The feds have become believers in electronic roll-stability control (RSC) systems, and want tank-trailer operators to buy them, though it won't be right away, reports the American Trucking Associations.

ATA's director of engineering services, Ted Scott, told folks attending the Technology & Maintenance Council's annual meeting in Tampa, Fla., that federal authorities will soon notify the trucking industry that it plans to make RSC mandatory for tank trailers and tractors.

ATA expects the National Highway Traffic Safety Administration to issue a Notice of Proposed Rule Making in April, Scott said. This will be the first step in a rule-making process which usually stretches out over a year or more. The National Transportation Safety Board has called for the RSC requirement after investigating a tanker crash.

Rollover wrecks by tankers can be especially messy because petroleum products and some chemicals can explode and burn so hot that they've destroyed bridges. Drivers, motorists and bystanders are sometimes killed or badly injured, and damage can run into the millions of dollars.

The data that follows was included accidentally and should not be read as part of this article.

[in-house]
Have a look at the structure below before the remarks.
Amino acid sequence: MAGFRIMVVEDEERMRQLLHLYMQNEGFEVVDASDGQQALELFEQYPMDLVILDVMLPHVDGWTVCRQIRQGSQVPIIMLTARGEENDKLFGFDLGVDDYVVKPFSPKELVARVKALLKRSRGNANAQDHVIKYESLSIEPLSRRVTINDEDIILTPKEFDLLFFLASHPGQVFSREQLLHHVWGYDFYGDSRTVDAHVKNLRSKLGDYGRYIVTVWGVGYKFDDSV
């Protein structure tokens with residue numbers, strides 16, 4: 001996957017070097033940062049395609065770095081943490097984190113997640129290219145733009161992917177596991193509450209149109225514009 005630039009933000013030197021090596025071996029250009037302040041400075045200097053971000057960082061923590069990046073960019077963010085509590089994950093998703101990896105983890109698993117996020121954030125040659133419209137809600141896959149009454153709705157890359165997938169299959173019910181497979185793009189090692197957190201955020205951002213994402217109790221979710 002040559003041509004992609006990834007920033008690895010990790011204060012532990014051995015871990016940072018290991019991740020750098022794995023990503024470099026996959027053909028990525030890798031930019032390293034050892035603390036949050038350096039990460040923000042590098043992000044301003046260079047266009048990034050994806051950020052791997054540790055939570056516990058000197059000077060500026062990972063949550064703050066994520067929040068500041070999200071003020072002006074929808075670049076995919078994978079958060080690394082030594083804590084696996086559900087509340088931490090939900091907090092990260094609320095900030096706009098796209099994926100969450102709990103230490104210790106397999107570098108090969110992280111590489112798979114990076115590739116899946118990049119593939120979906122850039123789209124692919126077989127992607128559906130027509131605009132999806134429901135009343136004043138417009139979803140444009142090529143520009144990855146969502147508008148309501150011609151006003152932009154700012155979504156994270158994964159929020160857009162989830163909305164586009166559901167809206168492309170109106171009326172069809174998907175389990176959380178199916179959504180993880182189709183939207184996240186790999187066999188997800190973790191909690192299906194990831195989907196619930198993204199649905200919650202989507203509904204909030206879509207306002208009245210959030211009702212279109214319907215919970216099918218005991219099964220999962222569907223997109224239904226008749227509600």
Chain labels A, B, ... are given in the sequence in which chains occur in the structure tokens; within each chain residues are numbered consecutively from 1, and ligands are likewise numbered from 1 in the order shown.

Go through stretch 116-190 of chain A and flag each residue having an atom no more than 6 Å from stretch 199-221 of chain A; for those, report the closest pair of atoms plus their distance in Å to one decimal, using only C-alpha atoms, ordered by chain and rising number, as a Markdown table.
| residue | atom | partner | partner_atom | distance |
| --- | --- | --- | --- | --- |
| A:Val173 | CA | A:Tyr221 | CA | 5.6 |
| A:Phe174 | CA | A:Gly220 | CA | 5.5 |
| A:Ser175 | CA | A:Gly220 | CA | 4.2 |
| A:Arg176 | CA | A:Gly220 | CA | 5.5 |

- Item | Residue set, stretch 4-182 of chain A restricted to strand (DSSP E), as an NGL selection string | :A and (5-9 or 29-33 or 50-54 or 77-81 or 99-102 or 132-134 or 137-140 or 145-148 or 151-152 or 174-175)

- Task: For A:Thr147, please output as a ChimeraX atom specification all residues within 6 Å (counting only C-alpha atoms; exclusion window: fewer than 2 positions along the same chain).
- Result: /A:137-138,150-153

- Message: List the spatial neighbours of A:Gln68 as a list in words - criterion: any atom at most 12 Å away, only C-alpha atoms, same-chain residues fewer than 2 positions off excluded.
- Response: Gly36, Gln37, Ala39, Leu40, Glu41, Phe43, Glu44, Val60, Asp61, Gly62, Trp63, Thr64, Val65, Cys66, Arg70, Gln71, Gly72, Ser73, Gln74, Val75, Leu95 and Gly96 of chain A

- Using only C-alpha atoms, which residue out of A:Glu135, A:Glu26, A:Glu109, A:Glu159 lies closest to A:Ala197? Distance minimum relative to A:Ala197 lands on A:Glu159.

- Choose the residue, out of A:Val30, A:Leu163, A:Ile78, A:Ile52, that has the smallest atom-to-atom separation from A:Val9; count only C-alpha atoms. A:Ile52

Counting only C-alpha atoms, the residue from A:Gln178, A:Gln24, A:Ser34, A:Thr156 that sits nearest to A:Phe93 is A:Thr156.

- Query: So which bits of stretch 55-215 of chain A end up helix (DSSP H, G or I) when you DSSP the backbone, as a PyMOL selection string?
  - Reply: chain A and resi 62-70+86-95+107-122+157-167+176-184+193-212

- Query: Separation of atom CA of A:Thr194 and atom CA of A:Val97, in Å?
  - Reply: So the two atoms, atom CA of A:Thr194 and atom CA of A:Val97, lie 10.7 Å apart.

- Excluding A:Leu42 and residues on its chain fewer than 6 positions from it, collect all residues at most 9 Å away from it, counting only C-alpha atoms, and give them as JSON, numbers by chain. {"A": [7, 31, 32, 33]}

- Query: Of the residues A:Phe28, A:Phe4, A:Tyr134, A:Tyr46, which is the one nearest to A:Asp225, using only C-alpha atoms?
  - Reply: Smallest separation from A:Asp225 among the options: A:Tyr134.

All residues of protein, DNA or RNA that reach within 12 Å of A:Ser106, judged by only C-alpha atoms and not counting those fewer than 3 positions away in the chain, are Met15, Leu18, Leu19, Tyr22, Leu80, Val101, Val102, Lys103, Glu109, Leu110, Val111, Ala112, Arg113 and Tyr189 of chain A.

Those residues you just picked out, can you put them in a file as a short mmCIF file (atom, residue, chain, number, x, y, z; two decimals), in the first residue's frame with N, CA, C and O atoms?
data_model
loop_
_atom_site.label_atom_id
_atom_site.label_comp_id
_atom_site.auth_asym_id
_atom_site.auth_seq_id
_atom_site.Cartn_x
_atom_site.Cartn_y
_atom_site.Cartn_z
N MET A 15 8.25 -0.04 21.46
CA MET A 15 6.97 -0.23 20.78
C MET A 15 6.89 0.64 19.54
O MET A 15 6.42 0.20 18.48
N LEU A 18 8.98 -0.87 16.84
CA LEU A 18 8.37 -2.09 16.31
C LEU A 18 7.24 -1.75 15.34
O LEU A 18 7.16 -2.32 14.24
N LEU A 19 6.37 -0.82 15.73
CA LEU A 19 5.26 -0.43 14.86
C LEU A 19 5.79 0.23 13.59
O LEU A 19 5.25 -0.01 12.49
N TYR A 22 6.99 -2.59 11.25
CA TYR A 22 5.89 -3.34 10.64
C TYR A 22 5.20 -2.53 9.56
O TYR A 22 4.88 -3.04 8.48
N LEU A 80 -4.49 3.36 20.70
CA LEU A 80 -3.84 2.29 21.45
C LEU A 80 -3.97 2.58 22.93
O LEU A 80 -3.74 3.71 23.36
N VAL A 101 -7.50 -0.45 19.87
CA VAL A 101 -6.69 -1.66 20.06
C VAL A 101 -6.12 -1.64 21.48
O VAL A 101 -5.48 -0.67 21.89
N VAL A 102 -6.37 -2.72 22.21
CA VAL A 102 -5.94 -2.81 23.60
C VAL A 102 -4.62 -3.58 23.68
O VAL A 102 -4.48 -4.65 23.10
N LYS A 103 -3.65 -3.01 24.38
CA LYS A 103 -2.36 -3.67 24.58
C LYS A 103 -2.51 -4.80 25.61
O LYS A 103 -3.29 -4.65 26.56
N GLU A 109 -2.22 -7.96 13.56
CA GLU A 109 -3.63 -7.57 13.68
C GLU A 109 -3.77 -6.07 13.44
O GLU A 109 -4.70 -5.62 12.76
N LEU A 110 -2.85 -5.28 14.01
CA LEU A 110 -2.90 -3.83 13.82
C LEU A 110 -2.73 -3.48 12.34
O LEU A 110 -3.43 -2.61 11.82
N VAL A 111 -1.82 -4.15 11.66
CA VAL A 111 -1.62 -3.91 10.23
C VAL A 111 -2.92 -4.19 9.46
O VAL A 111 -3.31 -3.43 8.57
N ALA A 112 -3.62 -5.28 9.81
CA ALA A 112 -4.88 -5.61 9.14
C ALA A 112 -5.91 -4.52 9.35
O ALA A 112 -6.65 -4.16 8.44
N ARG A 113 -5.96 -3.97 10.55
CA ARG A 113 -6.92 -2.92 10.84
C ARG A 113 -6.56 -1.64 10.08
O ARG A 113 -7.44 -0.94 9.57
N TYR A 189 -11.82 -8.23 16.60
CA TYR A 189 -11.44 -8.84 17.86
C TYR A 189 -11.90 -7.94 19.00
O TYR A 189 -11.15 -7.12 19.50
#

Rollovers usually happen on curves and circular freeway ramps that drivers enter too fast. RSC monitors a tractor-trailer's movements and senses when a rollover is about to occur, and cuts the tractor's throttle and applies the rig's brakes to try to prevent the accident.

NHTSA and the Federal Motor Carrier Safety Administration concluded that RSC works well after studying fleet experiences with it in recent years, Scott said. Many tanker fleets now spec it and find that the systems more than pay off their $1,500 to $2,500 per vehicle cost rather quickly, even if they have to infer the savings through reduction in the number of accidents they see.

ATA expects NHTSA to meanwhile issue a rulemaking for Class 7 and 8 tractors in March.